Don’t Lose Your In-House Asset Exemption

3 May 2022

Written by

David Busoli, Principal

Ungeared companies or trusts can be an attractive way to hold direct property when multiple investors are involved. Provided they are established and operated in accordance with SIS Reg 13.22C, the SMSF investment is not an in-house asset even if it, directly or via associated parties, controls the entity. If, however, the entity is not operated correctly the exemption is lost and the SMSF’s investment becomes an in-house asset. Critically the loss is permanent, so the consequence usually involves the SMSF selling down its holding to comply with the 5% in-house asset limit.

The most common breaches are caused by:

  • Borrowing – the definition is broad and even catches a small overdraft on the entity’s bank account. Unpaid formation costs should be regarded as creditors, not loans.
  • Investing in other entities, including listed shares.
  • Failing to pay a distribution to the SMSF such that it becomes a loan from the SMSF
  • Repaying overpaid distributions to the SMSF, thus making them a loan, rather than treating them as a prepayment and netting them off the next year.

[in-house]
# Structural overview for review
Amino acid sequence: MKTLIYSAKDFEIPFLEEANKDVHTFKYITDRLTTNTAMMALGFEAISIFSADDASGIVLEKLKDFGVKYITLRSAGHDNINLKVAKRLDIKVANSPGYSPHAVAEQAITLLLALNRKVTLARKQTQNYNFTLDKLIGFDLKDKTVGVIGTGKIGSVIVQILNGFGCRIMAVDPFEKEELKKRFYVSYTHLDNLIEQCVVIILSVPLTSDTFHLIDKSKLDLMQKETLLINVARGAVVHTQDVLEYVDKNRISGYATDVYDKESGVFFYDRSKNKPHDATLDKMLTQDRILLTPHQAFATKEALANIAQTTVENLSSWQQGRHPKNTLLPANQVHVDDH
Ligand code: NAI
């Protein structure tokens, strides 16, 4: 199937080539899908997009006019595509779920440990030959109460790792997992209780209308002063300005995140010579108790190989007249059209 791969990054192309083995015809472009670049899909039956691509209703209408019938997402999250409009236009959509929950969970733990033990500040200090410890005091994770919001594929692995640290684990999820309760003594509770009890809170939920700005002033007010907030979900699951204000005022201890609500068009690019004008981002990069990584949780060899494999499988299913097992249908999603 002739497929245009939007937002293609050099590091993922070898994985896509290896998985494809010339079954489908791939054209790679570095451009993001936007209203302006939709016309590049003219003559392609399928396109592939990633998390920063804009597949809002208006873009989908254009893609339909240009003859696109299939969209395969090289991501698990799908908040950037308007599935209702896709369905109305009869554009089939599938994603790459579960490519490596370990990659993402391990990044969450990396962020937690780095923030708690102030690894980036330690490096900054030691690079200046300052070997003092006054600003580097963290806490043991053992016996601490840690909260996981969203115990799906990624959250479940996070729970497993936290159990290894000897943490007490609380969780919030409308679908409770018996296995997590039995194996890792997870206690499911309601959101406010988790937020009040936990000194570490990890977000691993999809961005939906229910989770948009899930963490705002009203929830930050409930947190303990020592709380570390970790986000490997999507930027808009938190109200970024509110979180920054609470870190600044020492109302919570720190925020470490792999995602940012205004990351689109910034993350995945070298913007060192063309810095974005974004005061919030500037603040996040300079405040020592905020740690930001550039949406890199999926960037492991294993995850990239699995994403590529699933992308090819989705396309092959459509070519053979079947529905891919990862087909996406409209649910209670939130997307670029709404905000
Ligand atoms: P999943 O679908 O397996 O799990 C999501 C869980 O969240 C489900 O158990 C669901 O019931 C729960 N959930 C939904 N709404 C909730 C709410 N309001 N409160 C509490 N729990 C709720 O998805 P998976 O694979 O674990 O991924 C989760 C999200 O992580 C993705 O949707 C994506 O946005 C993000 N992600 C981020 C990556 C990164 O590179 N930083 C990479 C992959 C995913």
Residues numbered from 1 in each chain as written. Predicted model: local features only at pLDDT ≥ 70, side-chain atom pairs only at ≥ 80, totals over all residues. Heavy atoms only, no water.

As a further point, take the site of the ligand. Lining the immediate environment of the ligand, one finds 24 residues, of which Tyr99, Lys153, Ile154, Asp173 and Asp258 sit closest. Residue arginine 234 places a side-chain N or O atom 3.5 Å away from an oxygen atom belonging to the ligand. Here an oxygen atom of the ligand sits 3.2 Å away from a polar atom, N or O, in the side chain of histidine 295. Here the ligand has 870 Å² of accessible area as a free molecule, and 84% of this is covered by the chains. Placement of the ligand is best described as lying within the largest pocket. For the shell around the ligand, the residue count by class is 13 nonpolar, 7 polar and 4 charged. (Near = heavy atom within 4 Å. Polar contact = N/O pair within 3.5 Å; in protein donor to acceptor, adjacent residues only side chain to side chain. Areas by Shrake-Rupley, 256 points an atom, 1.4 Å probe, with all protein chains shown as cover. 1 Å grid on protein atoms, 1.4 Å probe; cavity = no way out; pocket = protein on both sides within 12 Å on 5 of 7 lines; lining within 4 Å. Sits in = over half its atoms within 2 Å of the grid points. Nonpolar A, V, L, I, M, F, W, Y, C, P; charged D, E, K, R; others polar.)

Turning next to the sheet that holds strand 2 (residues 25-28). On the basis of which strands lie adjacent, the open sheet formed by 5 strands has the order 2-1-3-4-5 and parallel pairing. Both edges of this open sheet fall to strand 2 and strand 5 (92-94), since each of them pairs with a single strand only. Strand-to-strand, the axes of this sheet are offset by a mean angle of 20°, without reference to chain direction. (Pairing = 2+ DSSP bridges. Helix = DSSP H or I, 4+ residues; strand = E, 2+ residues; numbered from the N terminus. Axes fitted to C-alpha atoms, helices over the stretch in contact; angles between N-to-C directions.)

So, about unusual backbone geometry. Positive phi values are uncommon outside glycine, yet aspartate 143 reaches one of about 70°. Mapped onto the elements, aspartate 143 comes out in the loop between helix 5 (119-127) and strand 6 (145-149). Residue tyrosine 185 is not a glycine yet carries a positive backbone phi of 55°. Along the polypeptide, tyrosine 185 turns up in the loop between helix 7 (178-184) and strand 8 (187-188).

• Using an unapproved cash account. The cash account must be with an authorised deposit-taking institution within the meaning of the Banking Act 1959.
  • Conducting a business – The entity can build but be careful as multiple properties, or a single property with a quick sale, could breach this provision.
  • Acquiring property from a related party that is not business real property.
  • The absence of a binding lease with a related party tenant of business real property or the related party failing to pay its rent.

Interestingly, the exemption is also lost if the number of members in the SMSF increases to more than 6 though, given the lack of enthusiasm for 6 member funds, I doubt this will be much of an issue.

I suspect that a number of breaches have been disregarded in the past as many auditors did not bother to scrutinise the internal dealings of the unlisted entity. This has now changed. The ATO has made it quite clear that auditors must look into these entities as part of the SMSF audit standards so I expect that this will result in some tense discussions going forward.

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